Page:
Internal University Communications: Expectations and Responsibility 🎓 ✅ 📱
If students aren’t reading your emails, finding out about events (or other important things) via social media, or engaging with buried content in an unusually-unfriendly-to-humans ‘learning’ system, then that’s a problem…and it’s not necessarily a problem for students to solve.
Let me explain…I am asked with almost 100% certainty after I give a talk at a conference, put on a workshop, or in almost any professional context where I’m speaking about communications within higher education, about how [insert a department here] can get students to actually read their emails, check social media, or dig through a mountain of forum posts within a VLE/LMS.
There a loads of reasons why emails go out to students. Social media provide convenient avenues to share events, policies, tips, etc. Learning systems are like Swiss Army knives when it comes to engagement potential..yes, they can do a lot, but do you really need an awl? Each person/department sending out countless messages via digital channels thinks that their content is important. And, from a micro perspective, they are correct.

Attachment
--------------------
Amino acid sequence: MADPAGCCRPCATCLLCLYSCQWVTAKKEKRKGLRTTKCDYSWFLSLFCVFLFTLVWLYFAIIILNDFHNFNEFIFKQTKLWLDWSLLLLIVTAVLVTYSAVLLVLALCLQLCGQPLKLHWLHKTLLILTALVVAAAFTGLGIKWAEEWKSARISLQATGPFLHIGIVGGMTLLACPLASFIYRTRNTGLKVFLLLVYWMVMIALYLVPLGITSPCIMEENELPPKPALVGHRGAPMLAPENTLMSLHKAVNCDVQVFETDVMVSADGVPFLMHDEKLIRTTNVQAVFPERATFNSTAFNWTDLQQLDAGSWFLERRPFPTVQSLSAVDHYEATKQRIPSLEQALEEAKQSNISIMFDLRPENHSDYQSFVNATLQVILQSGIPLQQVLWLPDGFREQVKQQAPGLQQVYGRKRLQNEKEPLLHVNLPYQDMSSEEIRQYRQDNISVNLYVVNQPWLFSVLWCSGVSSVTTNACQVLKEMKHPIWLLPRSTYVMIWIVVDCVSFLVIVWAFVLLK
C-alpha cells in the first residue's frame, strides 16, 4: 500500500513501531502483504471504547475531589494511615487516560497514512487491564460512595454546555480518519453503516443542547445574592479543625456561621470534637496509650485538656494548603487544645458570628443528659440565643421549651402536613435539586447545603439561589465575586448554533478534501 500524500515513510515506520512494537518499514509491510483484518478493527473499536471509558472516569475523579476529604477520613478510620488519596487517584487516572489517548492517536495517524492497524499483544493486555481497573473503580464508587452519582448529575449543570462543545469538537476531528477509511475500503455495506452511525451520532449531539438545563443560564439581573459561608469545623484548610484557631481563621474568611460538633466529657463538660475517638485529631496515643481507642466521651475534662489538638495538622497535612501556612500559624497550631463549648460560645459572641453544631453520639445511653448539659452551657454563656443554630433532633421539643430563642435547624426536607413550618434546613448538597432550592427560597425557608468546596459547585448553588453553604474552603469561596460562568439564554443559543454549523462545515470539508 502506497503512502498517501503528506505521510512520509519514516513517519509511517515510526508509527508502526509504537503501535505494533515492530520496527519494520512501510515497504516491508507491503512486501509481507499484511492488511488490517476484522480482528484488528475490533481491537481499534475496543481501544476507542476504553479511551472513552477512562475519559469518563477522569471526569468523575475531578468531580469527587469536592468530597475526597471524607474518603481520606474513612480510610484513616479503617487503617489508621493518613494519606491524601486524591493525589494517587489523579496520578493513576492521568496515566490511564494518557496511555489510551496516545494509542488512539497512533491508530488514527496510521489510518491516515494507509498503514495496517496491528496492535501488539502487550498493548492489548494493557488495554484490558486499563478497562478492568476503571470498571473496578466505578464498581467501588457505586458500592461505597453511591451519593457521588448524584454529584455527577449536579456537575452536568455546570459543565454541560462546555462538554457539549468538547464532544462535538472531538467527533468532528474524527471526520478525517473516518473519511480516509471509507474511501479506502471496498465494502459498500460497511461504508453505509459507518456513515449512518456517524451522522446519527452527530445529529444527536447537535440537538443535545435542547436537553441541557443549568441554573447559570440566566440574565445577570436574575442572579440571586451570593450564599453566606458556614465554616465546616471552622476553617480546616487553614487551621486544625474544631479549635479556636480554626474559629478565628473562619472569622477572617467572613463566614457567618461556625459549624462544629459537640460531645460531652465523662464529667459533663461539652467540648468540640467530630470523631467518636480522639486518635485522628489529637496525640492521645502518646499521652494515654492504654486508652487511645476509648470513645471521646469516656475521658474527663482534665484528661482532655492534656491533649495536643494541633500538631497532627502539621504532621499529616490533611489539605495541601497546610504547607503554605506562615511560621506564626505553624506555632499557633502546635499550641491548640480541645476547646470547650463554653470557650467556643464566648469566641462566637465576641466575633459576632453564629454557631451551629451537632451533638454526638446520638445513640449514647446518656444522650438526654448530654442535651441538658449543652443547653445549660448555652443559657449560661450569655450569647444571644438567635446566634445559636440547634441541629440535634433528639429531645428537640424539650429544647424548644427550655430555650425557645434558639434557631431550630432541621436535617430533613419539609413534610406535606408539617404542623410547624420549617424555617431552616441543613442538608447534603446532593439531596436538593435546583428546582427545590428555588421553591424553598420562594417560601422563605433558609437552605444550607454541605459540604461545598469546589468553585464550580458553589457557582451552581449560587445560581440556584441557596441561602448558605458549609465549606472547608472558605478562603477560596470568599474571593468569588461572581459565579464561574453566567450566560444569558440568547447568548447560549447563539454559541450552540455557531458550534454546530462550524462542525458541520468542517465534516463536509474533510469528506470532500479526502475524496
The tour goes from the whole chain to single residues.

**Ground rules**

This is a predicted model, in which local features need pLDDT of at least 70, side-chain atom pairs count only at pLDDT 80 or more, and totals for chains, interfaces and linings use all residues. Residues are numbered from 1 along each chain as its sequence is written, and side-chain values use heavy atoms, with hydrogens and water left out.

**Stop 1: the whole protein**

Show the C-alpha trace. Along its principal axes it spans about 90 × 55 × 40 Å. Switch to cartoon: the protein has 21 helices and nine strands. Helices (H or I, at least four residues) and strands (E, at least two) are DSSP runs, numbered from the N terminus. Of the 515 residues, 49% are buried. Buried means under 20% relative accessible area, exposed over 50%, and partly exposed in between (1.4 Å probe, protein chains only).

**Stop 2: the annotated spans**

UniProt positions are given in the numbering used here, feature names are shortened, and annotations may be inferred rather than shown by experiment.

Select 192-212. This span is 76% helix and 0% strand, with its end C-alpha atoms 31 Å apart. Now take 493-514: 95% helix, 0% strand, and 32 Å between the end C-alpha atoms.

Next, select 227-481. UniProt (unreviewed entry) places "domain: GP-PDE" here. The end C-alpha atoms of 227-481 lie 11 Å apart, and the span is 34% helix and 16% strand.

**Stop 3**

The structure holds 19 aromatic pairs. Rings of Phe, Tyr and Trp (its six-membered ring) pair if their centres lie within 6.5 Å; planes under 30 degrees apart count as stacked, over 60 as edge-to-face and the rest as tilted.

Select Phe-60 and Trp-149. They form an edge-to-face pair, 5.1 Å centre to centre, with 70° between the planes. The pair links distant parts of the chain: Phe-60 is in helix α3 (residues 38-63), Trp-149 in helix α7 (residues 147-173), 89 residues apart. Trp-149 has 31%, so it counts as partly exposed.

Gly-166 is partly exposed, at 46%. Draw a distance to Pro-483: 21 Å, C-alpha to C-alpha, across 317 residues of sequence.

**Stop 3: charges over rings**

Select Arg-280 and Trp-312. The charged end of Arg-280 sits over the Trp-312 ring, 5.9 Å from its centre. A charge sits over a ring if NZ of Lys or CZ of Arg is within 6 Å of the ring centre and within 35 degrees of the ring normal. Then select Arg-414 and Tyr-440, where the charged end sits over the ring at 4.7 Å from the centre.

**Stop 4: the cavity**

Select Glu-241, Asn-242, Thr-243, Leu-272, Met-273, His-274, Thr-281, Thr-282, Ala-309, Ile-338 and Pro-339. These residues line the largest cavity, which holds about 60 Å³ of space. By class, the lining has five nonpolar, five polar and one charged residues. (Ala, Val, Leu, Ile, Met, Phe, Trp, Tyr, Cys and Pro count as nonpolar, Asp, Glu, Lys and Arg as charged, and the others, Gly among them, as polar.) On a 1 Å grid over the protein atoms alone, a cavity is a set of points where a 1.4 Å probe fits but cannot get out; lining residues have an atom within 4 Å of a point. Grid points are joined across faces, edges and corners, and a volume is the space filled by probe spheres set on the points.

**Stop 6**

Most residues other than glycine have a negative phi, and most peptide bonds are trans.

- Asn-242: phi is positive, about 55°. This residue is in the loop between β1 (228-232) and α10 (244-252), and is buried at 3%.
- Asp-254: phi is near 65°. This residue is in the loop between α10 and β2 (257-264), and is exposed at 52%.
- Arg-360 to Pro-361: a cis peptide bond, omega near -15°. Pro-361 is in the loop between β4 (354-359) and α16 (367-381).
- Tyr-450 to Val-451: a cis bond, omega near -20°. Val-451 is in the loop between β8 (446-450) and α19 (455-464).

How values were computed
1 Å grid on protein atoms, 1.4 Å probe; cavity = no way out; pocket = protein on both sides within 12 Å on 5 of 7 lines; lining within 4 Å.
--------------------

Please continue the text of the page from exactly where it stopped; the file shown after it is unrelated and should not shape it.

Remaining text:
However, take a look at the big picture and students are downstream from a tidal wave of communications that they are often unprepared to manage.
In a recent post on the Student Affairs Professionals Facebook group, Corey Miller, an SA pro at the University of Alaska Anchorage, described this communications tension perfectly:
“It seems at some point the student really needs to be taking ownership of their own campus experience OR that the university needs to streamline what platform its willing to put all of its time and energy into.”
Internal university communications is about expectations and responsibility…a bit of ‘both/and.’
Universities have to do a better job of coordinating their internal messaging to current students. Maybe a reduction in quantity of messages would result in a bit more quality of experience? And, universities must also teach students how to manage their communications in a digital sphere that is filled to the brim with messages of varying importance.
Every single job that I’ve held within a university setting (either as a student or as a full-time employee) has involved communications/messaging. And, at each of these institutions, people have blamed students for not ‘being good at email (or any other communications channel) instead of thinking about how internal strategic communications require thoughtfulness and/or how a communications literacy program would help improve both sides of the issue.
If you expect students to ‘get’ all of your messages, then it’s crucial that you develop a communications literacy/capability program (sometimes these types of programs are built into digital literacy/capability structures) that spans the entire student journey.
Teaching students how digital engagement works at your university offers up two distinct benefits: students enhance their digital literacy and your messages have a better chance of being read. It’s win-win.
Originally posted at Inside Higher Ed.